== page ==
A 1942 gouache painting by Miné Okubo shows waiting detainees.
Springville, Utah, has been a magnet for artists since pioneer days, earning it the nickname Art City. The Springville Museum of Art, the first institution of its kind in Utah, balances light fare such as a children’s art festival with bold collections of local works as well as, of all things, Soviet socialist realist art.
The museum’s temporary shows can be provocative. Witness the exhibit on display through mid-October: art from Topaz Internment Camp near Delta, Utah. One of 10 “relocation centers” for families maintained by the U.S. government during World War II, Topaz housed 11,200 people of Japanese ancestry, mainly from the San Francisco Bay Area, from 1942 to 1945. “Each camp had its own personality,” says Jane Beckwith, a Delta teacher lobbying for a museum about the camp. “Topaz was artistic and literary.” Detainees ran what at the time was Utah’s largest art school, enrolling 600 of their fellows and producing works that chronicle the artists’ days: expanses of arid land, regimental barracks, dust storms.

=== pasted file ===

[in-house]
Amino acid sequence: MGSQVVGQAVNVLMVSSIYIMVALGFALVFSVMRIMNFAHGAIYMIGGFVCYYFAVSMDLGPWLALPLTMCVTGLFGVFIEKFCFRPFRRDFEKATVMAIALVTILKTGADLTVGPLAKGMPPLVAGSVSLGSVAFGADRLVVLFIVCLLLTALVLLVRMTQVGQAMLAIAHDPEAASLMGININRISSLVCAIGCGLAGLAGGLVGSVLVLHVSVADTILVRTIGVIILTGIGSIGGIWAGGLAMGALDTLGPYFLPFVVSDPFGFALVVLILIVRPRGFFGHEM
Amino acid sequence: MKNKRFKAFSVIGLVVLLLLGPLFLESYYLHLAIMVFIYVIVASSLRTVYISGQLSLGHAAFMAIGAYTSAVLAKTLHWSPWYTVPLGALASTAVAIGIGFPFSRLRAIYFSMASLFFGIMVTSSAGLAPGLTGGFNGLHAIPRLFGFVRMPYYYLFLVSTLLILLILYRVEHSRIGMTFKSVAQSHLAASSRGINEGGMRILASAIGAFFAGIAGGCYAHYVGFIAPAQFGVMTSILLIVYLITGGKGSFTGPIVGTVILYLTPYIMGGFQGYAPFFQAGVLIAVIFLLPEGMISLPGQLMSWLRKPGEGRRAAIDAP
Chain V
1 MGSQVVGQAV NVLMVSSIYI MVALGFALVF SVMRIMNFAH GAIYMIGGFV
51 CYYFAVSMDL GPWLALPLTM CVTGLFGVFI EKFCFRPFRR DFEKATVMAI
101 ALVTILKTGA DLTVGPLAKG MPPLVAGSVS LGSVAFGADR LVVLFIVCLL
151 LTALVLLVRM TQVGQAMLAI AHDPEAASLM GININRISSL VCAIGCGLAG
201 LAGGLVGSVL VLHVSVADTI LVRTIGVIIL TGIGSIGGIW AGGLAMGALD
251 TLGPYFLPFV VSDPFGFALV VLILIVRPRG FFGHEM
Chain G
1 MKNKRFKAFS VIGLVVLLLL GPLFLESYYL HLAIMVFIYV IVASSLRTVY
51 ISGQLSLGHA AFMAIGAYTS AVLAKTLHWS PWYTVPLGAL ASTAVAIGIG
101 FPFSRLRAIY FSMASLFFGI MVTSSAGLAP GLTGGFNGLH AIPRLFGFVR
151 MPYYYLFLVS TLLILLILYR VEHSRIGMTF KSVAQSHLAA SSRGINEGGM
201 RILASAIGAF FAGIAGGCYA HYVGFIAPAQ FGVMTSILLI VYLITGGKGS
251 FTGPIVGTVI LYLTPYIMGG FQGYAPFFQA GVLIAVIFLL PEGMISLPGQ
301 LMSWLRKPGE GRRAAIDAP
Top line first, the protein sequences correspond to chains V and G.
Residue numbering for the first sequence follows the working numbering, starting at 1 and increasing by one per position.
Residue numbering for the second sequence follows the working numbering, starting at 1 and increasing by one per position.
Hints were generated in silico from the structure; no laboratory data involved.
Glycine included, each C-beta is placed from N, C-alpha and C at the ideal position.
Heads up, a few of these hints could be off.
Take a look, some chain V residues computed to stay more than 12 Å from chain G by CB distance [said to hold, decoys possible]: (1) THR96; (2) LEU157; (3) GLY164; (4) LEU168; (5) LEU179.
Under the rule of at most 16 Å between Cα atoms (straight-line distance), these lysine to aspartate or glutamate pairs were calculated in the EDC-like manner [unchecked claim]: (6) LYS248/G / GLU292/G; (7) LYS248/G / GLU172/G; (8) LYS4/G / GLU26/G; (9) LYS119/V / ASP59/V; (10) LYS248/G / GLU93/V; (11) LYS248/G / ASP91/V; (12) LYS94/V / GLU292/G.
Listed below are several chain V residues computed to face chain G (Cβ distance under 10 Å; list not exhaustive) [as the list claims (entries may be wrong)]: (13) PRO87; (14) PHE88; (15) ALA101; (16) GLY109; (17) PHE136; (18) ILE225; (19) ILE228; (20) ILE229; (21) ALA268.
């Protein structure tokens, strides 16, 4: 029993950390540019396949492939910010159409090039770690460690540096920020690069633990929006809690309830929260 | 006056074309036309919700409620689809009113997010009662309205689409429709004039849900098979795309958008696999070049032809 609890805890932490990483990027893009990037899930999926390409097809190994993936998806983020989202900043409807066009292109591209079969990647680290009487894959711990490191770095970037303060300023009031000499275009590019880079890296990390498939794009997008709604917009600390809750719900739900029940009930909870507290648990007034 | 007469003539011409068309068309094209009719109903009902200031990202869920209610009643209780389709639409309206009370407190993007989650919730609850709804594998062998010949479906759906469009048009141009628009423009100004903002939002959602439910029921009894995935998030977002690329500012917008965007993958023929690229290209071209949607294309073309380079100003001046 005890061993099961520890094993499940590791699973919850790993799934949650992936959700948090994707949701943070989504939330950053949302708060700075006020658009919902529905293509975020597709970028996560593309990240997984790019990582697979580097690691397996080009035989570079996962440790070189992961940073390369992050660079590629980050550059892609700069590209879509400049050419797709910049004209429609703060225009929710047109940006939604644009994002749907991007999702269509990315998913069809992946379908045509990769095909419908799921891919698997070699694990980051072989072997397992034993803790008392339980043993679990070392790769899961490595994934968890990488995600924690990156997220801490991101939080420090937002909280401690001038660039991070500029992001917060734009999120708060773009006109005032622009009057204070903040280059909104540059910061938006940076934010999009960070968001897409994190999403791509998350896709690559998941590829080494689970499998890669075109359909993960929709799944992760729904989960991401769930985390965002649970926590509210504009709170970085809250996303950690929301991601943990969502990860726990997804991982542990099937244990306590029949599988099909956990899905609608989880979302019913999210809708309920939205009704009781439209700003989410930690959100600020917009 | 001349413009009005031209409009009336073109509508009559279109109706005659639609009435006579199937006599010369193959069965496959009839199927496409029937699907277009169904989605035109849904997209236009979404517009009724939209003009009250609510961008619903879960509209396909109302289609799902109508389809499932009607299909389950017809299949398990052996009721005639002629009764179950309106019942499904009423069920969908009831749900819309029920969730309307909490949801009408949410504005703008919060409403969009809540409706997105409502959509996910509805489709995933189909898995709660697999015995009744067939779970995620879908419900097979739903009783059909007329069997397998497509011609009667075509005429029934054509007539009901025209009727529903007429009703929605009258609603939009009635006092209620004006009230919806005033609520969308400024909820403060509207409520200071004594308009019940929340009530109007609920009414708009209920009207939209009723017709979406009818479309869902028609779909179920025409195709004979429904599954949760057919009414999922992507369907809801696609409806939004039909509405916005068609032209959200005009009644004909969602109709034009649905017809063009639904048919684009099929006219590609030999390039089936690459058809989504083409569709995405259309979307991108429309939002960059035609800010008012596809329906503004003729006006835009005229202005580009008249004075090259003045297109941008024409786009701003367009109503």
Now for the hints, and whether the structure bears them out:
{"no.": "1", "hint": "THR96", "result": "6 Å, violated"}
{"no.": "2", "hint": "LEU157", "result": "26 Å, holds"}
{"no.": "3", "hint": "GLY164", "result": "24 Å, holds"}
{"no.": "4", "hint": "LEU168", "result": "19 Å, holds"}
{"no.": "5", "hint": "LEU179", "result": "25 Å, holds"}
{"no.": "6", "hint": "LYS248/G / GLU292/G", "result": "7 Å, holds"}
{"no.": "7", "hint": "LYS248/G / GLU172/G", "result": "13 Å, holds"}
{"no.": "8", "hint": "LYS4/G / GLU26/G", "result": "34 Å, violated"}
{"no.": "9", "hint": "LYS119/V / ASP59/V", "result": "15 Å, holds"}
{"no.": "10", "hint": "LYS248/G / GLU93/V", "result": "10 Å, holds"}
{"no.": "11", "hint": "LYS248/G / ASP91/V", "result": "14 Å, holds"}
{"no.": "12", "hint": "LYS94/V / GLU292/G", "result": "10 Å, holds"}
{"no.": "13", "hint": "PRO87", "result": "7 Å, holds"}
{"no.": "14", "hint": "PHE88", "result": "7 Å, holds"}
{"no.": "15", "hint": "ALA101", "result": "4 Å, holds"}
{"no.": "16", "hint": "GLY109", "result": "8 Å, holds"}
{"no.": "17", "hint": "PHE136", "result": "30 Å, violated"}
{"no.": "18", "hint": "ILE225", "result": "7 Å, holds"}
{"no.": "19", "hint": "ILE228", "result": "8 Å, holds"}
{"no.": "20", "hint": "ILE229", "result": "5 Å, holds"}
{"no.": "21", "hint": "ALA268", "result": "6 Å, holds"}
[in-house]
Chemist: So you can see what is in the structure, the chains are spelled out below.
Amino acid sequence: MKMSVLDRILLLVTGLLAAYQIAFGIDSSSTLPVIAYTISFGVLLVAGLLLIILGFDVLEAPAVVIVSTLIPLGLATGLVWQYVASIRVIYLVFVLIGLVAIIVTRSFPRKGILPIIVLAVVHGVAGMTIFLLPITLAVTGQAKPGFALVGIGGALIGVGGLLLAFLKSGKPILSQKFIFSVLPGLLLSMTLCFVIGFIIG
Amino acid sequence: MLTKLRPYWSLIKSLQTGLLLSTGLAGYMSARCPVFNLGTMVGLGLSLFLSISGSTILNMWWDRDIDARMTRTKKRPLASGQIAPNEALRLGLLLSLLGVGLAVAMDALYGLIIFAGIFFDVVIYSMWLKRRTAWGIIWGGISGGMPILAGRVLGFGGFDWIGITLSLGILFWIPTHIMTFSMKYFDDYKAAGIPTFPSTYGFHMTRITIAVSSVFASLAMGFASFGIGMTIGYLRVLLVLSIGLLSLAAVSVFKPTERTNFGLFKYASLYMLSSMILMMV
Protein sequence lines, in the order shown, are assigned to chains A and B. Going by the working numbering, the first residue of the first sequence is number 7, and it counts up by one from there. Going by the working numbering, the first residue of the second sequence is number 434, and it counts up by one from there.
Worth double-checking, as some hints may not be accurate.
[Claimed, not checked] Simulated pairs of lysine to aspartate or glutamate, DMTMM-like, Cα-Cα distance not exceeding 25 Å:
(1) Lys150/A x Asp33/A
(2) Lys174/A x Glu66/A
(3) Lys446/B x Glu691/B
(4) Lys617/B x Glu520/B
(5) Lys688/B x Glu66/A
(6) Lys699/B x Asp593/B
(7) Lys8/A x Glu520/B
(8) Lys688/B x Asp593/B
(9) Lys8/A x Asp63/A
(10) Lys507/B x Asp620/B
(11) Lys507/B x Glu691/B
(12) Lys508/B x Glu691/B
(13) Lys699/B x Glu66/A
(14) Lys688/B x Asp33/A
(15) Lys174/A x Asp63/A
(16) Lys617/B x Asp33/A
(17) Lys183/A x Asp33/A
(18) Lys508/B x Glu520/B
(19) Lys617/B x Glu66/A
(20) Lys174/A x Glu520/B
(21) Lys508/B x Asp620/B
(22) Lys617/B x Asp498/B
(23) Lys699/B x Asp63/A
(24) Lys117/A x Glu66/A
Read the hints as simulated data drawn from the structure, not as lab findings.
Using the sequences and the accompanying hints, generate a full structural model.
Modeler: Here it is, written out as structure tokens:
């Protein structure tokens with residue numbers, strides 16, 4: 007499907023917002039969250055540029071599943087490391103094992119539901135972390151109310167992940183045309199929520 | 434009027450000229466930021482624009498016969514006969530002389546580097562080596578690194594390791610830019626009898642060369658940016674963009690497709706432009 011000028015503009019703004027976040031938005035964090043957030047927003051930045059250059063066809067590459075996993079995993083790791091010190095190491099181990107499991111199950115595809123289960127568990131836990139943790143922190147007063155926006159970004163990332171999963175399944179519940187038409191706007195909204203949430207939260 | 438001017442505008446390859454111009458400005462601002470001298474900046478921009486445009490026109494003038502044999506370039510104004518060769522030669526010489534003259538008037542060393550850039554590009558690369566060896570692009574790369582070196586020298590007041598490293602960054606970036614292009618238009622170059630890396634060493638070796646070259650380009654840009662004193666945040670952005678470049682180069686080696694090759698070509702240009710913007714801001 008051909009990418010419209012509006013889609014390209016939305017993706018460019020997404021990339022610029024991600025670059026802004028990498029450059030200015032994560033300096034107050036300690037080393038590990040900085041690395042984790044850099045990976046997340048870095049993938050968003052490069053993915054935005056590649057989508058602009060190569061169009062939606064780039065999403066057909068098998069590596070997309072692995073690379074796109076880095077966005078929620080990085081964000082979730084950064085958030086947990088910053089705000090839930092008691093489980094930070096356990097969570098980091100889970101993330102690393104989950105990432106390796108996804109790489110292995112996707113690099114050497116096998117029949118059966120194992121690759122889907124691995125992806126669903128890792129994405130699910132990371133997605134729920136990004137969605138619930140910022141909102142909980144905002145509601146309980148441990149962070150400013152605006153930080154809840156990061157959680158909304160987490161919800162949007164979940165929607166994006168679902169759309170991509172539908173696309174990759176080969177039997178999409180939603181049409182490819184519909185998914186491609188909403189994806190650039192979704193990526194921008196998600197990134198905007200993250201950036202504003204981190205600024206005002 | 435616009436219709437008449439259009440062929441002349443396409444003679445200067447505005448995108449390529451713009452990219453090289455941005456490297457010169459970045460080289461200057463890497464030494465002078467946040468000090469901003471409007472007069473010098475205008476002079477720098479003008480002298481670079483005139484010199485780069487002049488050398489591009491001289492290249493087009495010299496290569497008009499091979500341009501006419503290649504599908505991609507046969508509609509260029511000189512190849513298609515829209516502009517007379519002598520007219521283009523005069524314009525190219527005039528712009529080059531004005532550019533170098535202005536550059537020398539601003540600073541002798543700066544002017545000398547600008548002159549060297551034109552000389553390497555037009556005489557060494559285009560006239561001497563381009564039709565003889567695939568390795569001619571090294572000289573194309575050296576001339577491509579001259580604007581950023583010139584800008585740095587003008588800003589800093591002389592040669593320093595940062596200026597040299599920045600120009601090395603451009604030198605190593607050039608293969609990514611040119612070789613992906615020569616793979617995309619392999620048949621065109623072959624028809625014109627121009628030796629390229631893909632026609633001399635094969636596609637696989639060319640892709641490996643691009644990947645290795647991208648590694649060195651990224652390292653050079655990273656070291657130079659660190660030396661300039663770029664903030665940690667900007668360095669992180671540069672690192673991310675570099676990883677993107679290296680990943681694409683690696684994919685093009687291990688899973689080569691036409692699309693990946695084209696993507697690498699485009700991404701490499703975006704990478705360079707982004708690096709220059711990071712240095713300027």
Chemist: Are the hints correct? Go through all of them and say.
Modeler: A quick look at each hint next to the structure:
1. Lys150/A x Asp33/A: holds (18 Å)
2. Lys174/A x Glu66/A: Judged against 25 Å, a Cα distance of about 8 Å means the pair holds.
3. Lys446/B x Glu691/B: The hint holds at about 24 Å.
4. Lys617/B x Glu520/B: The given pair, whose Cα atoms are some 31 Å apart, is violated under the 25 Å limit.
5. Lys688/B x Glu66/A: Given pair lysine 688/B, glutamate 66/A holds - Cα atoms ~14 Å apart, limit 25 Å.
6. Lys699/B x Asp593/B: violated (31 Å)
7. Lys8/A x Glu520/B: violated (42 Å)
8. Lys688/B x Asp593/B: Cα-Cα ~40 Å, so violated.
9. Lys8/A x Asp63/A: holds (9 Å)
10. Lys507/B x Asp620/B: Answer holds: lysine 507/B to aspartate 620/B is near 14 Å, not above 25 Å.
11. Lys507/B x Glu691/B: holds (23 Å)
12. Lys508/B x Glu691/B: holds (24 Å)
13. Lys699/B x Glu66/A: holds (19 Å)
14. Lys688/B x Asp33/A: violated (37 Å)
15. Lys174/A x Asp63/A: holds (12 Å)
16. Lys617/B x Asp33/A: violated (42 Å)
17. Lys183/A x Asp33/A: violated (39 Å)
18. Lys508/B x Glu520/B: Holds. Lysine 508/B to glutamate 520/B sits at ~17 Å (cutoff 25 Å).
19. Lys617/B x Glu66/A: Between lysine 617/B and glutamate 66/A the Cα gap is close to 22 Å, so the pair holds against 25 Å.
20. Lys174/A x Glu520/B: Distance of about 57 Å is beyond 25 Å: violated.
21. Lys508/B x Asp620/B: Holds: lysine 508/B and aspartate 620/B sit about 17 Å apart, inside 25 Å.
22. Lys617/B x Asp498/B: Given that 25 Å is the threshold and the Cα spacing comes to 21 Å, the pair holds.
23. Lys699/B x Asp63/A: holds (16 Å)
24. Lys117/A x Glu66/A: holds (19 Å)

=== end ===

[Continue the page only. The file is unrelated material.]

“In the middle of the desert, amidst struggle and controversy, there was this beautiful flowering of the arts,” says Assistant Curator Ashlee Whitaker. The exhibit includes pieces by Miné Okubo, Toshio Asaeda, and school founder Chiura Obata, all painters who earned renown. (801) 489-2727, smofa.org.
Photography courtesy of Adam Finkle
This article was first published in September 2010. Some facts may have aged gracelessly. Please call ahead to verify information.